To illustrate both how important trust in the medical system can be and how that trust may depend on informed consent, consider
African-American mistrust of the medical community in general and medical research in particular. The absence of trust has emerged as a stumbling block in efforts to include African-Americans in clinical research.27
Low research participation among African-Americans probably delimits doctors’ understanding of the impact of disease and medicine in that population.27–30 Similar mistrust partly accounts for relative paucity of visits to doctors and dentists31; for low adherence to medical advice30; for relatively low rates of organ and blood donation and availability32 ,33; and for low rates of care withdrawal at the end of life.34 ,35 In a nutshell, distrust of the medical community is one factor setting back African-Americans’ average health outcomes and quality of life. That distrust has deep roots and justifications, ranging from slavery through Tuskegee to continuing disparities.36 However understandable, it arguably affects many contemporary African-Americans more adversely than beneficially.36 Part of the promise of informed consent lies in the hope that it will warrant and save trust in medical institutions and in individual caretakers. Visibly enforced informed consent practices signal to patients that they, and not doctors, will have the final say; for instance, that trial participation and clinic visits do not risk unwanted intervention. It is for such reasons that the above-quoted study concludes, ‘Most recently, the question has been raised of waiving consent for some areas of clinical investigation… We advocate extreme caution in populations such as the African-American community…’27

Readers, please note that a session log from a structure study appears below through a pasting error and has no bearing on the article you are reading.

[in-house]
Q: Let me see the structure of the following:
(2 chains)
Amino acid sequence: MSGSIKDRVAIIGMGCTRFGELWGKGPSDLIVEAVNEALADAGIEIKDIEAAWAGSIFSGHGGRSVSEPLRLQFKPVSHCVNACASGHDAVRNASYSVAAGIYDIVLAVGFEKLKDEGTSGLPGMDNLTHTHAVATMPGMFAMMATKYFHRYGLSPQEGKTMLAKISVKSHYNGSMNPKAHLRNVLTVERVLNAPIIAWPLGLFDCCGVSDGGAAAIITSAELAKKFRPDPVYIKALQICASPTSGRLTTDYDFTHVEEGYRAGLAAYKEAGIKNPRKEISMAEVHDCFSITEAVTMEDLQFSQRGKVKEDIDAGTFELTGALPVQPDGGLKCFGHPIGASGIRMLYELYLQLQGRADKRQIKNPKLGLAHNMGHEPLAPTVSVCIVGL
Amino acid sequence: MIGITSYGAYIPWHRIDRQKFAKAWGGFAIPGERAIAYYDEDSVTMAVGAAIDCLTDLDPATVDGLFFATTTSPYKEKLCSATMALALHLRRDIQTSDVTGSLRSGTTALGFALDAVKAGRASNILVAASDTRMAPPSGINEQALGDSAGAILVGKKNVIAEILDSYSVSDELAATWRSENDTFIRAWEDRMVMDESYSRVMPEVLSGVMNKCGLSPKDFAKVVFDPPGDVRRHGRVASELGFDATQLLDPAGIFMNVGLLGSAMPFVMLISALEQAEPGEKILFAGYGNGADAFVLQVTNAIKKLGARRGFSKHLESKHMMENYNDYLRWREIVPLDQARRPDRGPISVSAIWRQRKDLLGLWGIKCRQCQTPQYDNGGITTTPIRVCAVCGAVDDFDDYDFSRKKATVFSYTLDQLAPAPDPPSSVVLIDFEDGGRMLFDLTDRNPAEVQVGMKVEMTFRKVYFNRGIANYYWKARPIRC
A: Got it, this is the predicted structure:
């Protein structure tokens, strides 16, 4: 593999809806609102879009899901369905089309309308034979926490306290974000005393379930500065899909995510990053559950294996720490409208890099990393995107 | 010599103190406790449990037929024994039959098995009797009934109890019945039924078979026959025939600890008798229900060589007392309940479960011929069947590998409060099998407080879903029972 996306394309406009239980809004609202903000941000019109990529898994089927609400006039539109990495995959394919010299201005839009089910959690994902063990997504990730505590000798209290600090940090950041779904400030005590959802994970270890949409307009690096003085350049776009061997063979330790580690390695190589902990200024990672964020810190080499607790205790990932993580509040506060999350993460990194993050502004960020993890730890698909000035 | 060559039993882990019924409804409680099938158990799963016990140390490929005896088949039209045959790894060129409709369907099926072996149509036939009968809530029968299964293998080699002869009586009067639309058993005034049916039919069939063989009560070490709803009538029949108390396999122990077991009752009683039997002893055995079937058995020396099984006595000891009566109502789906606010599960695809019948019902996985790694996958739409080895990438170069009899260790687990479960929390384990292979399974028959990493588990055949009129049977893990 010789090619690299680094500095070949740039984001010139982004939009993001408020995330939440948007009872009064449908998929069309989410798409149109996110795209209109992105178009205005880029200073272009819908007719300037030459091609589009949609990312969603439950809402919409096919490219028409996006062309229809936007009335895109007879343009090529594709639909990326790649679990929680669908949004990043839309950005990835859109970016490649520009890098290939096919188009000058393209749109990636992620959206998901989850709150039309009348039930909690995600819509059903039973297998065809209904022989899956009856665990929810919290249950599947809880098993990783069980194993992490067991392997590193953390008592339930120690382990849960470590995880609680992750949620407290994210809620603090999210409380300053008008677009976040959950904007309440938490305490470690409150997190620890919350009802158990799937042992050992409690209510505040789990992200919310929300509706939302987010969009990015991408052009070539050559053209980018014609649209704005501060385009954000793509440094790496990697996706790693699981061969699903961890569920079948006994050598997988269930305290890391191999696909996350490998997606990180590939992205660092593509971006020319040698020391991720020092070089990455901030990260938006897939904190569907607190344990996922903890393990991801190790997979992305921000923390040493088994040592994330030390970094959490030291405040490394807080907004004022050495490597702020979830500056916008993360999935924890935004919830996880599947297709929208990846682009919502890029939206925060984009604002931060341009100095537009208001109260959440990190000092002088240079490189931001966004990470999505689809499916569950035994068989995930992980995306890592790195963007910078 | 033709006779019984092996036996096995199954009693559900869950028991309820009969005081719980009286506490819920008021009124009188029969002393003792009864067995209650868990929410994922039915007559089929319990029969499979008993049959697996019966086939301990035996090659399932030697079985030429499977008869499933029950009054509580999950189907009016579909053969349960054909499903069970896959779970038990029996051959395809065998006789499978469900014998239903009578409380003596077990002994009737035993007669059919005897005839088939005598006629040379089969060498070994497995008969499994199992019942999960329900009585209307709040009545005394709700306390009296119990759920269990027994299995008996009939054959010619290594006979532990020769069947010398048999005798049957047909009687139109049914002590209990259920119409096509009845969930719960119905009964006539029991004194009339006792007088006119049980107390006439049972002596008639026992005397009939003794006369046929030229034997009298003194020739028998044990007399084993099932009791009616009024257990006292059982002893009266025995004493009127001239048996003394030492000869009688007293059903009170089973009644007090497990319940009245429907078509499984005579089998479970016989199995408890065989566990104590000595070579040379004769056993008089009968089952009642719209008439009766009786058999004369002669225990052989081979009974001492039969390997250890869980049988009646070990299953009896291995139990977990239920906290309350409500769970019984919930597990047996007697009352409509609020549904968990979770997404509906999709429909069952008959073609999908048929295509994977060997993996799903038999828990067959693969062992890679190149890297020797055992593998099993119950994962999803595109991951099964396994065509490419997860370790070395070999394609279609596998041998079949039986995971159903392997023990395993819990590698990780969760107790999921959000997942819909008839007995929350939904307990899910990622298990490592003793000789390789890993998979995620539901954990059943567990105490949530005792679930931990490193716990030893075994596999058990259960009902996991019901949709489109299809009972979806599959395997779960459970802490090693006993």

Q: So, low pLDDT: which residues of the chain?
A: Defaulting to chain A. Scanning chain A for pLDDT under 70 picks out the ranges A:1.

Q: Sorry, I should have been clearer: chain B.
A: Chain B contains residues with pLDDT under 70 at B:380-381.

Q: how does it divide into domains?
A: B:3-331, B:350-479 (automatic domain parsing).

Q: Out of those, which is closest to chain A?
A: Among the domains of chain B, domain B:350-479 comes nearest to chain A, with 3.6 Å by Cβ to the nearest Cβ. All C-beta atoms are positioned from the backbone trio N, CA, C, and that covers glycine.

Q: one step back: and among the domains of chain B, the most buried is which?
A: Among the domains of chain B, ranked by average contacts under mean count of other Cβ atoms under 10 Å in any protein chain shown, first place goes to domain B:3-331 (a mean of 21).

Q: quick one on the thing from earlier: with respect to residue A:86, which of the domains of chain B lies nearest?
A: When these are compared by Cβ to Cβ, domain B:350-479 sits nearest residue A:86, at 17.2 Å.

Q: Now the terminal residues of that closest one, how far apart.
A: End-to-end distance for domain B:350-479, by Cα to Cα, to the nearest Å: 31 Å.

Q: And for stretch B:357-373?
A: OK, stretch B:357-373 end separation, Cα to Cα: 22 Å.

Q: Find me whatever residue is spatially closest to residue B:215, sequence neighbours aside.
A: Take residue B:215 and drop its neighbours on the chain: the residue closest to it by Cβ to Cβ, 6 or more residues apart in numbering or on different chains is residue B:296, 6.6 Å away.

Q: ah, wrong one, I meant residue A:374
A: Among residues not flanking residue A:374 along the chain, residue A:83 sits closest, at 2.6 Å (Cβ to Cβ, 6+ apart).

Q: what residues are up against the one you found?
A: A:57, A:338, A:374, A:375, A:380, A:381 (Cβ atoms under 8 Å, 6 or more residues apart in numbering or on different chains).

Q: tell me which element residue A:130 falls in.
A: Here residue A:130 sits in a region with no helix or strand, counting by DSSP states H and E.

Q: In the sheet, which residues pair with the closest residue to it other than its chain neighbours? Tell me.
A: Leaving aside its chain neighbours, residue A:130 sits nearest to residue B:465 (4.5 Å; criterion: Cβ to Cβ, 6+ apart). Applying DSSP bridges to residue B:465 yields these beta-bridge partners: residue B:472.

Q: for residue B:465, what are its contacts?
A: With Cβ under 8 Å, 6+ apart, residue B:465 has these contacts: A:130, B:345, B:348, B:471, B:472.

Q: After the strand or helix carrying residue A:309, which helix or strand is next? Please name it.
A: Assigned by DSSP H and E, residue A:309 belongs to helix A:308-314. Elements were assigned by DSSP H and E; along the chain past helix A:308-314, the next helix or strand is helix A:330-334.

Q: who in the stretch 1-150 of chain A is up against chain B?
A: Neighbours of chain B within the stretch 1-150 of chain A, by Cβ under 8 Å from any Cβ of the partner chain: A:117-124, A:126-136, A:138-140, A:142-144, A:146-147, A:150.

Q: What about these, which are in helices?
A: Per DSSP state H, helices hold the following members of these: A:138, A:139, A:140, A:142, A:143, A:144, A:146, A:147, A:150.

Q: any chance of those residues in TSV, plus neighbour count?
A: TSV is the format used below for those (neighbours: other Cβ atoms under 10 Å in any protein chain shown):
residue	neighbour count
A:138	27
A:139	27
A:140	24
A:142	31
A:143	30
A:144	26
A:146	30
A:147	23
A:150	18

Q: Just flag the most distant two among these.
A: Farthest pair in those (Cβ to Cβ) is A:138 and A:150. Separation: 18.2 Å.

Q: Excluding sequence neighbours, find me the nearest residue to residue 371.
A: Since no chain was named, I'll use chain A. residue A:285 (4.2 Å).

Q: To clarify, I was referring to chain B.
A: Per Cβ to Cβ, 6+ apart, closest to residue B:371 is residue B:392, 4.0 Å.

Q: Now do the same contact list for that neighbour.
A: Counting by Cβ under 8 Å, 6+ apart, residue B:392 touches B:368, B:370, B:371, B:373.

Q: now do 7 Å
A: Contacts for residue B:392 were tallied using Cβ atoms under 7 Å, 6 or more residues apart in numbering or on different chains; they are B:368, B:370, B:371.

A final reason why we should examine closely whether informed consent can be defended as a bulwark of social trust is the problems facing more classical arguments for informed consent. To be brief, the familiar point that patients know best or care the most, and most effectively, about themselves clearly works only for some of the circumstances in which commonsense morality demands informed consent.1 Autonomy-based arguments for informed consent are often considered circumstance-independent, but their validity is now in serious doubt.1 ,37 ,38 By contrast, trust is clearly highly necessary and the need to protect it is increasingly being used to justify informed consent across circumstances—even when other considerations fail. As Jackson says,
While the need to win patients’ trust varies according to circumstances, the need to maintain their trust, to prevent them from becoming disillusioned about the trustworthiness of their doctors and nurses, is more constant. You may not expect to see this patient again. But the next doctor or nurse who does may have to overcome the legacy of mistrust you have engendered. And then too there are the third parties, who are observing you, to consider: the patients’ relatives, your fellow doctors, nurses, trainees and ancillaries, whose trust… may be undermined.21
Bok may concur: ‘It is far harder to regain trust, once lost, than to squander it in the first place.’10 And O'Neill, who has dubbed autonomy ‘the emperor's new clothing,’ seems to instate trust in its stead:
Autonomy has been a leading idea in philosophical writing on bioethics; trust has been marginal. This strikes me as surprising… Trust surely is more important, and particularly so for any ethically adequate practice of medicine, science and biotechnology.2
Challenging the trust-promotion argument
Given the appeal of grounding informed consent in trust, it is interesting to examine how much the simple trust-promotion argument can or cannot substantiate commonsense intuitions about informed consent. Let me start this discussion by raising a few challenges for the argument. If successful, they expose the inability to nest standard informed consent requirements in this simple formulation of the concern for trust. Other approaches to informed consent, or to trust-promotion, may underlie more successful arguments.